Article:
The visuals are automatically created from 45-degree aerial imagery and can pick up 3D elements as subtle as trees. Currently, only a few cities have been given the 3D treatment for Google Earth. They include San Francisco Bay, Boulder, Boston, Charlotte, Lawrence, Los Angeles, Long Beach, Portland, San Antonio, San Diego, Santa Cruz and Tampa in the US, with Rome being the lone international hotspot.
Google is giving large cities a major 3D makeover in the coming months. The early peeks have been very impressive.
Google’s head of engineering for maps, Brian McClendon, said the company was using a fleet of airplanes owned and operated by contractors and flying exclusively for Google.
Google has used airplanes to collect aerial photos in the past, but the latest effort marks the first time the company will deploy the planes in a systemic manner to build a standard feature in one of its products.
“We’re trying to create the illusion that you’re just flying over the city, almost as if you were in your own personal helicopter,” said Peter Birch, a product manager for Google Earth.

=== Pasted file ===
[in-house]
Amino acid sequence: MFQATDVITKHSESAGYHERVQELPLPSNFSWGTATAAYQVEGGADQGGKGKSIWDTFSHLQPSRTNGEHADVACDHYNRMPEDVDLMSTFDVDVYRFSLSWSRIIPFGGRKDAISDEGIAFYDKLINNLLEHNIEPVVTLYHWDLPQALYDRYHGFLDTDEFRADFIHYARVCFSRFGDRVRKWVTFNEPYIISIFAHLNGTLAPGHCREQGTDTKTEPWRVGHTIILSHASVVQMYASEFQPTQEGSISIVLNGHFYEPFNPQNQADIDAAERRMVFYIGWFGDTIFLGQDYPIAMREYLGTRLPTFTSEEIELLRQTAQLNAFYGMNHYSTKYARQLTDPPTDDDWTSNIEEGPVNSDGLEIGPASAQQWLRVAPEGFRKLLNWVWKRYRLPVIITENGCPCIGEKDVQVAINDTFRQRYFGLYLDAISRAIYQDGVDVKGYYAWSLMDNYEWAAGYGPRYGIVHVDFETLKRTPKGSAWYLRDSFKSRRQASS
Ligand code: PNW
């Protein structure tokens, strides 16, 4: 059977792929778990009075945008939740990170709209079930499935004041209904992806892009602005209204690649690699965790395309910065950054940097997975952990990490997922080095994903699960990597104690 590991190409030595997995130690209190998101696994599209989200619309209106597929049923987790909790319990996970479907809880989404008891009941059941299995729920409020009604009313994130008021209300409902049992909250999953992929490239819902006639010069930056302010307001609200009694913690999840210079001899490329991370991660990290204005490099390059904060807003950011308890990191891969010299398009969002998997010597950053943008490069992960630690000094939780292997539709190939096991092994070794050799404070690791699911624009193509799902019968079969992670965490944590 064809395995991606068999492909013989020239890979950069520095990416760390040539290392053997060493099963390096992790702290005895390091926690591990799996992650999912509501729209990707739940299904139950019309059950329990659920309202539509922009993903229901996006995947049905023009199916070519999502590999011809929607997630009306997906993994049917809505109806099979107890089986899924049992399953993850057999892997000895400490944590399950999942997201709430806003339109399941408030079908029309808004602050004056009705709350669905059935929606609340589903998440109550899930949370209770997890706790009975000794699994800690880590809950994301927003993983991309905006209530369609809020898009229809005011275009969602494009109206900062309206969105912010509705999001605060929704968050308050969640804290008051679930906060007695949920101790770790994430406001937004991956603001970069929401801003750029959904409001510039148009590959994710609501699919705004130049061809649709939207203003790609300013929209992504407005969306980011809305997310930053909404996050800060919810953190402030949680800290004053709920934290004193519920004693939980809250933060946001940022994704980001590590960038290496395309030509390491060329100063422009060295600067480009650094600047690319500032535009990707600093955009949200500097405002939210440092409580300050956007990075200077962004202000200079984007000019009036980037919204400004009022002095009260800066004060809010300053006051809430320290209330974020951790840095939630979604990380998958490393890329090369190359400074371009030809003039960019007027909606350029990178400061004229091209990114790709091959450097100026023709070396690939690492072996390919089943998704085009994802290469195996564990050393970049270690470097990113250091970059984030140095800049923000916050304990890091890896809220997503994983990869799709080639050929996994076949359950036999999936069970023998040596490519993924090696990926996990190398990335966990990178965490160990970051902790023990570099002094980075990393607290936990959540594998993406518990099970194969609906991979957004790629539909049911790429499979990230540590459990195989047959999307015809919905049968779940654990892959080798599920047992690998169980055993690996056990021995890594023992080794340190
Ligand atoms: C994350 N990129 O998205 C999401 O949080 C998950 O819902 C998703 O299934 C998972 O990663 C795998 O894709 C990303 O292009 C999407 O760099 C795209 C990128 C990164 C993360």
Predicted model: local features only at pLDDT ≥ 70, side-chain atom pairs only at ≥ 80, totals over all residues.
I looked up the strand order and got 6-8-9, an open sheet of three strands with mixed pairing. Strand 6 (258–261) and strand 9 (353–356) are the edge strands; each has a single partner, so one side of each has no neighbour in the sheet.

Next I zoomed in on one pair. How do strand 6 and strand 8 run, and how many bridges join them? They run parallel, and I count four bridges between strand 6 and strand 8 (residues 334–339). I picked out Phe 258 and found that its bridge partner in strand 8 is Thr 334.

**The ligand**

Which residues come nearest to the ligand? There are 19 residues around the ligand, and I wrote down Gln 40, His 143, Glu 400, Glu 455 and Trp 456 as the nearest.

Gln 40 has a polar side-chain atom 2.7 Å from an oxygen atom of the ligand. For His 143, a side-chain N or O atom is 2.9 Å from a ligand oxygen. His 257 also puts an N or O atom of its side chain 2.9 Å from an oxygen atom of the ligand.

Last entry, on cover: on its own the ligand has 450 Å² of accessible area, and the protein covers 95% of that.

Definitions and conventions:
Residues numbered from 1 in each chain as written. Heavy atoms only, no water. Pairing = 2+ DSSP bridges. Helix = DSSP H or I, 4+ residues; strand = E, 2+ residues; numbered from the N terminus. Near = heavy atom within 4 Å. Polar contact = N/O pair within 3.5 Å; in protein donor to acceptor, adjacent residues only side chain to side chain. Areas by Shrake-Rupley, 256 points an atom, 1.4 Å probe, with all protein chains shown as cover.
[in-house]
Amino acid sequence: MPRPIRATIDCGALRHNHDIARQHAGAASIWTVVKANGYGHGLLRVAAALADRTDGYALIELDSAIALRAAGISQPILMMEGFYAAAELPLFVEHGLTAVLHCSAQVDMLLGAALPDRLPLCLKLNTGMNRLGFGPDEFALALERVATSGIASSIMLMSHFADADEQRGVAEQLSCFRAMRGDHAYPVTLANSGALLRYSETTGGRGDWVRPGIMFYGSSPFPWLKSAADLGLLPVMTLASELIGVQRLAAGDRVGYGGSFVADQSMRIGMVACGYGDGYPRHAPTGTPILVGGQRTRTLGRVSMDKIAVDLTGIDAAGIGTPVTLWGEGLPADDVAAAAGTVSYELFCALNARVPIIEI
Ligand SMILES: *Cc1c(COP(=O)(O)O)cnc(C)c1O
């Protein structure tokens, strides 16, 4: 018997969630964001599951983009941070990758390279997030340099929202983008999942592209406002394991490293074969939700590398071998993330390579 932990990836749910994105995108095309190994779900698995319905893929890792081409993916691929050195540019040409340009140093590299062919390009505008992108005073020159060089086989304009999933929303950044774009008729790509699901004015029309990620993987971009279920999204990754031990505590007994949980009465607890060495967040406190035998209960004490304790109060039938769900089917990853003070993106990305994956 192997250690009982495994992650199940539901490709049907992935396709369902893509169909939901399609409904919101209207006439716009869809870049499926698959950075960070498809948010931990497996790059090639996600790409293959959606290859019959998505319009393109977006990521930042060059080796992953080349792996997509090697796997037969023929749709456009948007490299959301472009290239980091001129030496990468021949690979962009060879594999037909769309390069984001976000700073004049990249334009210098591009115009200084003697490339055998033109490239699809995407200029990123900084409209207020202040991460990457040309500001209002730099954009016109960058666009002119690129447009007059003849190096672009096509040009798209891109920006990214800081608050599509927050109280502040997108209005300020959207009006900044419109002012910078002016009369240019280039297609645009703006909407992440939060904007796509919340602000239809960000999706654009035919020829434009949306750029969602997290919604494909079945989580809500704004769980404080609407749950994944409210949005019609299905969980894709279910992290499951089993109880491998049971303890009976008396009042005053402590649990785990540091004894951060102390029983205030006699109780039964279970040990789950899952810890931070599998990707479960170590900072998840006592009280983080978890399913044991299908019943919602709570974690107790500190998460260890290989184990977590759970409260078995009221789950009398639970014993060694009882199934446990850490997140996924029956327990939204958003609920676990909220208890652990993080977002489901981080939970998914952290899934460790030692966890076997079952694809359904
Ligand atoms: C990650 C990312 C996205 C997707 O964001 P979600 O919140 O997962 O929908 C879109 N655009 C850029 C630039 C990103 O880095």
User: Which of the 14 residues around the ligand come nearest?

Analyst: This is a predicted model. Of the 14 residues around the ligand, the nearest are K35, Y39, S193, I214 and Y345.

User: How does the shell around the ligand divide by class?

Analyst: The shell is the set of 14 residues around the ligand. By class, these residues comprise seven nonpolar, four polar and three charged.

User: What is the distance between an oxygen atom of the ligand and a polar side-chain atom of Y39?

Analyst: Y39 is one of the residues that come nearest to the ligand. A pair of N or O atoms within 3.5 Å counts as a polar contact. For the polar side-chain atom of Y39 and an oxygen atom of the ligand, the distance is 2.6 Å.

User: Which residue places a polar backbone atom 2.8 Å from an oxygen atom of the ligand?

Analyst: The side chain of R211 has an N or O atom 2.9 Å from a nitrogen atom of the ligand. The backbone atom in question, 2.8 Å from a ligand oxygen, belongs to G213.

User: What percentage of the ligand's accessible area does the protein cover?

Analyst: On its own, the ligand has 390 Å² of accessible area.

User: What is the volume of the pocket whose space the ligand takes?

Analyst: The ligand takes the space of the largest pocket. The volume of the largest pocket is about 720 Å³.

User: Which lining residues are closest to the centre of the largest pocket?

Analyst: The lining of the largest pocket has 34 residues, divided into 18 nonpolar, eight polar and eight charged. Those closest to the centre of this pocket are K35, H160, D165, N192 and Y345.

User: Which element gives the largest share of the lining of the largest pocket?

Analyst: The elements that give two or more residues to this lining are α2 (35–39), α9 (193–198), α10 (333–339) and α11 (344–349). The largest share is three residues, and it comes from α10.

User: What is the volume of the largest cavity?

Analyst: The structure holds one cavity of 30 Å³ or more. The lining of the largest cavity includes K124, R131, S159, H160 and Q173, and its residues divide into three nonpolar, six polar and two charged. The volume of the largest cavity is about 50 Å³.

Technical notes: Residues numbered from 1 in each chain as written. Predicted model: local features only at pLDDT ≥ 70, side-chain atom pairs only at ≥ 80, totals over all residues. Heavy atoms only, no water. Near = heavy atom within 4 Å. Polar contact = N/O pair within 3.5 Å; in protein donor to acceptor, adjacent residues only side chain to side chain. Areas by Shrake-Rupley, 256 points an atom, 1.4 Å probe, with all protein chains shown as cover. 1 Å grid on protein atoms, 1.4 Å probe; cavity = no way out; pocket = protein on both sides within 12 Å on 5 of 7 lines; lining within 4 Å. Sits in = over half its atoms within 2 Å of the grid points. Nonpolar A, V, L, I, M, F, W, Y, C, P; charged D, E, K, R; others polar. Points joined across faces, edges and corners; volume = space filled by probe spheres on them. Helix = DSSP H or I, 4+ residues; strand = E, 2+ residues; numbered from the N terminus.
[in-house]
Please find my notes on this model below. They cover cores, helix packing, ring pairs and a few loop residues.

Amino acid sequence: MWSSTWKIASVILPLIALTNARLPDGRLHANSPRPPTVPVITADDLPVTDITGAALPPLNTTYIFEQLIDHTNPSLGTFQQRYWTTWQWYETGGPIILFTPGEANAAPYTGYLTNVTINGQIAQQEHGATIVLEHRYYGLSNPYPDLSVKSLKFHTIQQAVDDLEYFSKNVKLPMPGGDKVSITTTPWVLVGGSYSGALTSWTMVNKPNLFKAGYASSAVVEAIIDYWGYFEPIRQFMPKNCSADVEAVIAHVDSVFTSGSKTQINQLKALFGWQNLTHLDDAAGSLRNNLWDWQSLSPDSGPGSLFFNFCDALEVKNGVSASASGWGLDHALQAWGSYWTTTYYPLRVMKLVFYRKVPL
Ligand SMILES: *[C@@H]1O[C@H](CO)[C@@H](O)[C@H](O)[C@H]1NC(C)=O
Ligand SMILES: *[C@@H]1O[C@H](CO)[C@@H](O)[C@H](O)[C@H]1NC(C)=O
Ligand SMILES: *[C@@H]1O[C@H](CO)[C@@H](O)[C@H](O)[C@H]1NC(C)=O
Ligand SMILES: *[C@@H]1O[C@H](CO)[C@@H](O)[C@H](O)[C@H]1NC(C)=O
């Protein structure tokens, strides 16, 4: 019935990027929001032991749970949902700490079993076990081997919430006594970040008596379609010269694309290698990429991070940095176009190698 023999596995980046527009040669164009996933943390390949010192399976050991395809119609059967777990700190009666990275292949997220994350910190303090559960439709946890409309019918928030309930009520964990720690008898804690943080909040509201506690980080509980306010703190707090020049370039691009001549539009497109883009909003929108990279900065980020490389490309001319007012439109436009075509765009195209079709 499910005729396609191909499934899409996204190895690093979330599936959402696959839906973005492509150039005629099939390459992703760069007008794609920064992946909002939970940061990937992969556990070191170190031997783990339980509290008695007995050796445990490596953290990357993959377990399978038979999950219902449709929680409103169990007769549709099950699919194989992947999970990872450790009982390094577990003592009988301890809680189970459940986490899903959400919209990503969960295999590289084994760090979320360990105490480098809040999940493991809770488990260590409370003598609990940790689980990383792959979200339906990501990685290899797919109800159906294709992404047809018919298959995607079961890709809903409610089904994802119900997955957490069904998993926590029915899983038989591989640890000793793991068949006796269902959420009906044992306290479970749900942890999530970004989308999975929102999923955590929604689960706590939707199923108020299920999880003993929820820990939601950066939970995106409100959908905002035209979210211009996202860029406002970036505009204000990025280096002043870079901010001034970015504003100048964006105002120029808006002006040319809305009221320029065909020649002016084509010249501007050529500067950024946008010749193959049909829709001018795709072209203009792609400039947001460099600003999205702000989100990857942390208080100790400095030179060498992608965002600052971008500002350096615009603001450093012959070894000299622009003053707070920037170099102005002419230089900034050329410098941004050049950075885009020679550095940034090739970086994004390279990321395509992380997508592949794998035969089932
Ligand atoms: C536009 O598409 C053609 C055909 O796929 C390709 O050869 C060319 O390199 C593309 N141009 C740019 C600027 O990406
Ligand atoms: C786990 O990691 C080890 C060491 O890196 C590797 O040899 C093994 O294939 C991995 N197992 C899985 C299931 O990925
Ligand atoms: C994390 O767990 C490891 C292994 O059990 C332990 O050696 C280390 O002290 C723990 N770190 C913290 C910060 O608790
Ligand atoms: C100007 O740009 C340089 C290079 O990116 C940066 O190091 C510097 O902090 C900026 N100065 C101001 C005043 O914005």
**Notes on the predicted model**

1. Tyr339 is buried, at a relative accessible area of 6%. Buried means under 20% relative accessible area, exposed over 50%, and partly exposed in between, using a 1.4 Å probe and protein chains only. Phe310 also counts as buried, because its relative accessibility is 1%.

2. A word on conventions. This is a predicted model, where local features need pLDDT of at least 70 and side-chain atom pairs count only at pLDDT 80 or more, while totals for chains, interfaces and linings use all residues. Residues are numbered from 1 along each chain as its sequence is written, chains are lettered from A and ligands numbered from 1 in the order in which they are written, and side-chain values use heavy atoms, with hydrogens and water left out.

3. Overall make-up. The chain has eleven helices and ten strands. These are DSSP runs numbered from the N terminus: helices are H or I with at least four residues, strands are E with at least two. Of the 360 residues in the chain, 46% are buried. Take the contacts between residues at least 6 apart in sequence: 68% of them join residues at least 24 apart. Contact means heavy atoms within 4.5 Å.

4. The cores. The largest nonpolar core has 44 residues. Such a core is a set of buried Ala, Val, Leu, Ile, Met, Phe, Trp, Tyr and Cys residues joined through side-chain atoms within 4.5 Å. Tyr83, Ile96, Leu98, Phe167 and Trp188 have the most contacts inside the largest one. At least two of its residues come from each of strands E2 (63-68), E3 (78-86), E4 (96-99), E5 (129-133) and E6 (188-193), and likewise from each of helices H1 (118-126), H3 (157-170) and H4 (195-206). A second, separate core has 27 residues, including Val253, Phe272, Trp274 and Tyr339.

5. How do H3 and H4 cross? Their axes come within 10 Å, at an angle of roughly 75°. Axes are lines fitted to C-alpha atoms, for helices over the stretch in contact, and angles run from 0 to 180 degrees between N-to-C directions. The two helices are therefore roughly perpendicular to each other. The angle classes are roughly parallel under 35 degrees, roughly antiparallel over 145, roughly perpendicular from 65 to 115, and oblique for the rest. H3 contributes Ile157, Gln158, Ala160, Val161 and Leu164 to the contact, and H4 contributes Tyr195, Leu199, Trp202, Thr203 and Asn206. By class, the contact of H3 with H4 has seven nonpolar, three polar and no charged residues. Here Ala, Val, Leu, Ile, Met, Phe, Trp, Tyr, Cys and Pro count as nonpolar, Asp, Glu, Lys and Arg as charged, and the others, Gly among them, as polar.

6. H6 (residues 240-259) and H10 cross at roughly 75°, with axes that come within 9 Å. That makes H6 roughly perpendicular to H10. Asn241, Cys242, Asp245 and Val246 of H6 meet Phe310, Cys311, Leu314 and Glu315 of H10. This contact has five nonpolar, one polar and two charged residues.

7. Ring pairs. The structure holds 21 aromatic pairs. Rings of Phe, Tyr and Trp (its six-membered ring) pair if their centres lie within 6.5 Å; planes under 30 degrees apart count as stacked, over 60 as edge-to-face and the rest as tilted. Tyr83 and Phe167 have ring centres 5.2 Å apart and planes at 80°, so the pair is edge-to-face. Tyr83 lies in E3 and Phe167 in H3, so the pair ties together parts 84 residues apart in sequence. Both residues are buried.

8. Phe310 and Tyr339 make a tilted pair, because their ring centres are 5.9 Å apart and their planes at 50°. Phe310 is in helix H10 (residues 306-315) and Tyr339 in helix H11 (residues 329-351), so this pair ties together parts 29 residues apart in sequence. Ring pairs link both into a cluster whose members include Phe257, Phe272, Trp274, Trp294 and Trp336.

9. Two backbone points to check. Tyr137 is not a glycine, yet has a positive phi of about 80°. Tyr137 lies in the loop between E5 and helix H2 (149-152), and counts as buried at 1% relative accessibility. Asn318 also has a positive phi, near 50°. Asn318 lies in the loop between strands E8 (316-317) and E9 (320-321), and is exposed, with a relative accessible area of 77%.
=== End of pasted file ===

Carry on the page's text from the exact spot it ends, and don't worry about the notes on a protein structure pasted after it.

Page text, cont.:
Another feature, Google’s offline maps, will work with the compass in your phone or tablet. Unfortunately, the new version of Google Maps is only compatible with devices running on Android 3.2 and upwards, excluding Gingerbread (Android 2.3) users.
If you don’t want or need the overhead of 3D Google Earth, you can now download Google Maps for Android in Google Play, then select and save a region of a map from more than 150 countries for use offline.
Google has offered the ability to “cache” maps for selected areas to your device for almost a year, but it’s been a “labs” feature. To enable offline maps, you select a top-level menu option to save a local area — currently Labs supports a 10-square mile area.